An IT system developed by Strathmore University students in collaboration with technology firm HP, the Clinton Health Access Initiative (CHAI) and the Ministry of Public Health & Sanitation has won the Justmeans Social Innovation Award for Most Strategic Use of Philanthropic Funds. This was announced at the 2012 Ceres conference held in Boston, USA on 25th April.
The system is an early infant diagnosis program. Approximately 1 out of every 10 pregnant women in Kenya is HIV positive. That means that of the 1.3 million children born in Kenya each year, more than 120,000 have HIV-positive mothers. Without intervention, there is up to a 45 percent chance that an infant born to a mother with HIV will become infected.
In the previous paper based diagnostic information communication system, results of HIV tests were delivered on paper by courier. By taking advantage of IT – including HP datacenters, new database software, real-time analytics and SMS-connected printers – the new system reduces the turnaround time dramatically because results will be available online and delivered to healthcare workers via SMS-enabled printers in just one to two days. Compare this to the three months it took using the previous system.
How does this save lives?
Due to the high rate of HIV in Kenya, all infants are required to be tested for the disease before they are six weeks old. However, the previous paper-based communication took up to three months to arrive in rural areas.
This delay reduced the efficacy of life-saving anti-retroviral treatment (ART), which needs to be started immediately following a diagnosis. For example, an HIV-positive infant who does not receive ART has less than a 50 percent chance of living to see his or her second birthday.
What is the impact of this program?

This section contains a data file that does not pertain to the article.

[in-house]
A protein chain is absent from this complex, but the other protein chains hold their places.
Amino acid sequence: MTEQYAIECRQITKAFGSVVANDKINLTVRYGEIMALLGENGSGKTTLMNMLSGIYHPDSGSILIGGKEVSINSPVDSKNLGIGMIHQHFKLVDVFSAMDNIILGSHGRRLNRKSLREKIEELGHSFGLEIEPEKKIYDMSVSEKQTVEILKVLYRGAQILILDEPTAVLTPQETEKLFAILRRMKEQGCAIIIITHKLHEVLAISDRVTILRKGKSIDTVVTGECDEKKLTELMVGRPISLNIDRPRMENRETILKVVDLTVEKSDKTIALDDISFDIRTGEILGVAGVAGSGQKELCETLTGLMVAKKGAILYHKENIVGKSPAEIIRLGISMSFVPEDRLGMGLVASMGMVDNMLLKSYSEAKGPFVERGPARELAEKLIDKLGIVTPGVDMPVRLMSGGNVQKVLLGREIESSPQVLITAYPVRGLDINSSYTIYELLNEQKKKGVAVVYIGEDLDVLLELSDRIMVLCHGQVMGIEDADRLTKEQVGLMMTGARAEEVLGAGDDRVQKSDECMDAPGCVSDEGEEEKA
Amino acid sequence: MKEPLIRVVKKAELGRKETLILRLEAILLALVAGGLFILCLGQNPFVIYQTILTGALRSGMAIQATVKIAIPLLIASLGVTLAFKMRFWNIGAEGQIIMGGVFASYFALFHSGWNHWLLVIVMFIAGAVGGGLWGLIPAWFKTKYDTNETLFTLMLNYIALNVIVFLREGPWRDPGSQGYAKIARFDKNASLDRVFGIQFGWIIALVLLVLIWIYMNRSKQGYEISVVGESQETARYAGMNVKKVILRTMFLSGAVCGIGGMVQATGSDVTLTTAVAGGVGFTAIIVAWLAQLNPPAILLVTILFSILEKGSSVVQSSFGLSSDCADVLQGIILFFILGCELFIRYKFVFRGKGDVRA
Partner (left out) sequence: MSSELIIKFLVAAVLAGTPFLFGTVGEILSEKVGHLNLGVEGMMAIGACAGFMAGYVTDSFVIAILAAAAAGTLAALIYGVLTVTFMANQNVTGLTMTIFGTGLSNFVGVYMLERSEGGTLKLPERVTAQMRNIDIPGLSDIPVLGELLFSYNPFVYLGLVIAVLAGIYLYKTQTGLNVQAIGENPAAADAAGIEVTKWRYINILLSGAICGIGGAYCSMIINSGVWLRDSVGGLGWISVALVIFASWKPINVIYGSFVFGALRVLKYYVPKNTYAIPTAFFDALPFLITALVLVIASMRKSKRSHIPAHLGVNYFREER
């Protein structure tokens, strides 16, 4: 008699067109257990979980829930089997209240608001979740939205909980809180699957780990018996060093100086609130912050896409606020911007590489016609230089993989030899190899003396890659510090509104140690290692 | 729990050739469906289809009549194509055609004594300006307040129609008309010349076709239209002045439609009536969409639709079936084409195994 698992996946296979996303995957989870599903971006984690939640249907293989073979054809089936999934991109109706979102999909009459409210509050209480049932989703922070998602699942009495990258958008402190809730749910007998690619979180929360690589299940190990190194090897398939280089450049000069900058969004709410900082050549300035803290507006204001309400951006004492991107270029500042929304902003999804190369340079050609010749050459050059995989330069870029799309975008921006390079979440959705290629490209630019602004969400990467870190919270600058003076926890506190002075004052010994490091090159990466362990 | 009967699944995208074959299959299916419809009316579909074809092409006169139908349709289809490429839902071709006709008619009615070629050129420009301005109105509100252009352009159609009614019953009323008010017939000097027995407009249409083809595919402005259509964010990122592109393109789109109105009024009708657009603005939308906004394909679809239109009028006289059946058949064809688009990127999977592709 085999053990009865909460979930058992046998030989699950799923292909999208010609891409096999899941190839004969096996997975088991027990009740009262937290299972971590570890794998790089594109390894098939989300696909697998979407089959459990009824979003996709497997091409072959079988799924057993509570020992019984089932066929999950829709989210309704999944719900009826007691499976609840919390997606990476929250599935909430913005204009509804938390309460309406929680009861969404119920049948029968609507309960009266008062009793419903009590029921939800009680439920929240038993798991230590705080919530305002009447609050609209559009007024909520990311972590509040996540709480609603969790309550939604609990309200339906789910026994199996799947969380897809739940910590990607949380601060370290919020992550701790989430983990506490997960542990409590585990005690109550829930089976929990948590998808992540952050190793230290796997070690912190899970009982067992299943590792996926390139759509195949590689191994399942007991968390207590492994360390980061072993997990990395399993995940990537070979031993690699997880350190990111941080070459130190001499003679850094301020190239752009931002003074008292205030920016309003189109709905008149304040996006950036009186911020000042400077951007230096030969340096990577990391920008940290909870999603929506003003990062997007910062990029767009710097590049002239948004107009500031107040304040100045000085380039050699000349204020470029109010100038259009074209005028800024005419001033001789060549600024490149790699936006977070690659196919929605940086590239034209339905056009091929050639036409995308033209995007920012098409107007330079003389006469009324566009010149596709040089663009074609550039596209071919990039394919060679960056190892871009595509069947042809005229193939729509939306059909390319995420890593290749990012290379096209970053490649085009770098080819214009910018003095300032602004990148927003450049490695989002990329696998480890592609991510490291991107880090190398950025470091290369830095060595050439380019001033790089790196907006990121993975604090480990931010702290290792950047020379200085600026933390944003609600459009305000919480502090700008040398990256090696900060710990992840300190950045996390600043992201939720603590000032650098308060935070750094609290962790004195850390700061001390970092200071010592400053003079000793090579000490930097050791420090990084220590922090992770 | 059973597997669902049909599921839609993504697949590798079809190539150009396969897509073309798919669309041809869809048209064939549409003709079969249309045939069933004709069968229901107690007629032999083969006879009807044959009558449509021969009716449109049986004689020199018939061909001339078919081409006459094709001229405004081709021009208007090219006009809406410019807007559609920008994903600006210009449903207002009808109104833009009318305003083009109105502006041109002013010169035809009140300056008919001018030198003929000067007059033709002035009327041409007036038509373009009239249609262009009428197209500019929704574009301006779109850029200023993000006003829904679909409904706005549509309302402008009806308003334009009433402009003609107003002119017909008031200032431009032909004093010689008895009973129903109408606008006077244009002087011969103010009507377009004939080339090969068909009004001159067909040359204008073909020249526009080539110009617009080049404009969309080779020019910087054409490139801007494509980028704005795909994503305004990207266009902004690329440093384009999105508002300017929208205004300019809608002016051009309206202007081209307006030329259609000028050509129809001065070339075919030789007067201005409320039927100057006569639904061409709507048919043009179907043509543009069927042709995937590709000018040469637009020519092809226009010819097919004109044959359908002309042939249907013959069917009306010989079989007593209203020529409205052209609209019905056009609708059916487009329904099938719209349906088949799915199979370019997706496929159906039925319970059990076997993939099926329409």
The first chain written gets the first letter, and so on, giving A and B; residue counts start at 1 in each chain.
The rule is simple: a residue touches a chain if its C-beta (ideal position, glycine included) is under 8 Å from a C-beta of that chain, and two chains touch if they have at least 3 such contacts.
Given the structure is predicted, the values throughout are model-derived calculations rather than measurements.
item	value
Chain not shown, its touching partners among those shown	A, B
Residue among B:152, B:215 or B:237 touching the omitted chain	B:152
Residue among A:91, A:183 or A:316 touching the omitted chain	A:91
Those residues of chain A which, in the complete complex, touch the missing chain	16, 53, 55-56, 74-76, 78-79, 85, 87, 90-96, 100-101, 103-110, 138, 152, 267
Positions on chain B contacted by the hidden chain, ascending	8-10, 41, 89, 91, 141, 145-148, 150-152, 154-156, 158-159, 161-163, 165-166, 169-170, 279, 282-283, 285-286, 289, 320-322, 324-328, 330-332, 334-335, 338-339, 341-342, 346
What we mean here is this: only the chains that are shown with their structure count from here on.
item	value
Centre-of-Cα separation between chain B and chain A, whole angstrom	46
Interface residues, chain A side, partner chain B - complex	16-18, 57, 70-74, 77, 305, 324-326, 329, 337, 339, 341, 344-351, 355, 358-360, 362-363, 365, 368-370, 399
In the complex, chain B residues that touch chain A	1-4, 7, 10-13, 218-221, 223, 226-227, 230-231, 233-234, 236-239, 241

- Expedites the delivery of test results from two to three months in rural areas to just one to two days
- Increased the number of children who are diagnosed with HIV and put on treatment from 45,000 in 2009 to 70,000 in 2011
- Increased the number of healthcare facilities that can access test result data from 1,500 to more than 3,000
- Connect data from four central labs to more than 20,000 healthcare workers via GSM/SMS
The system can be replicated and scaled for use in other countries. In addition, it serves as a model for how IT could change the equation in the diagnosis and treatment of other diseases.
Receiving the award, Alan Nemeth, an HP Fellow and Chief Technologist for HP’s Enterprise Cloud Services - Unified Communication offering said the system was an example of how corporations can tackle some of the world’s toughest problems in a way that really benefits society by providing a platform for creative employees to collaborate both inside their organization and with outside organizations.
Nemeth stated that collaboration is "the most effective and sustainable way to solve problems." He added that the Early Infant Diagnosis program is a perfect example of collaboration in action, as it demonstrates the unique value that multiple stakeholders in public-private partnerships can bring to the table to create a positive impact on society and significantly benefit infant lives in Kenya.
Justmeans awards honor the global leaders that are tackling the world’s most pressing challenges through social innovation. Ceres is an NGO that mobilizes business leadership to ignite innovation and scale sustainability to build a healthy global economy. Together in Boston they showcased leadership and innovation in global citizenship.
Quote from President Clinton:
"Technology and innovation are key to solving many of the most pressing challenges of our world, none of which are more urgent than a disease which takes the lives of 31 children every minute. I’m pleased HP’s technology and expertise will enable the partnership with CHAI to save the lives of more than 100,000 infants in Kenya each year, and in the process, demonstrate how the private sector can and should operate in the developing world."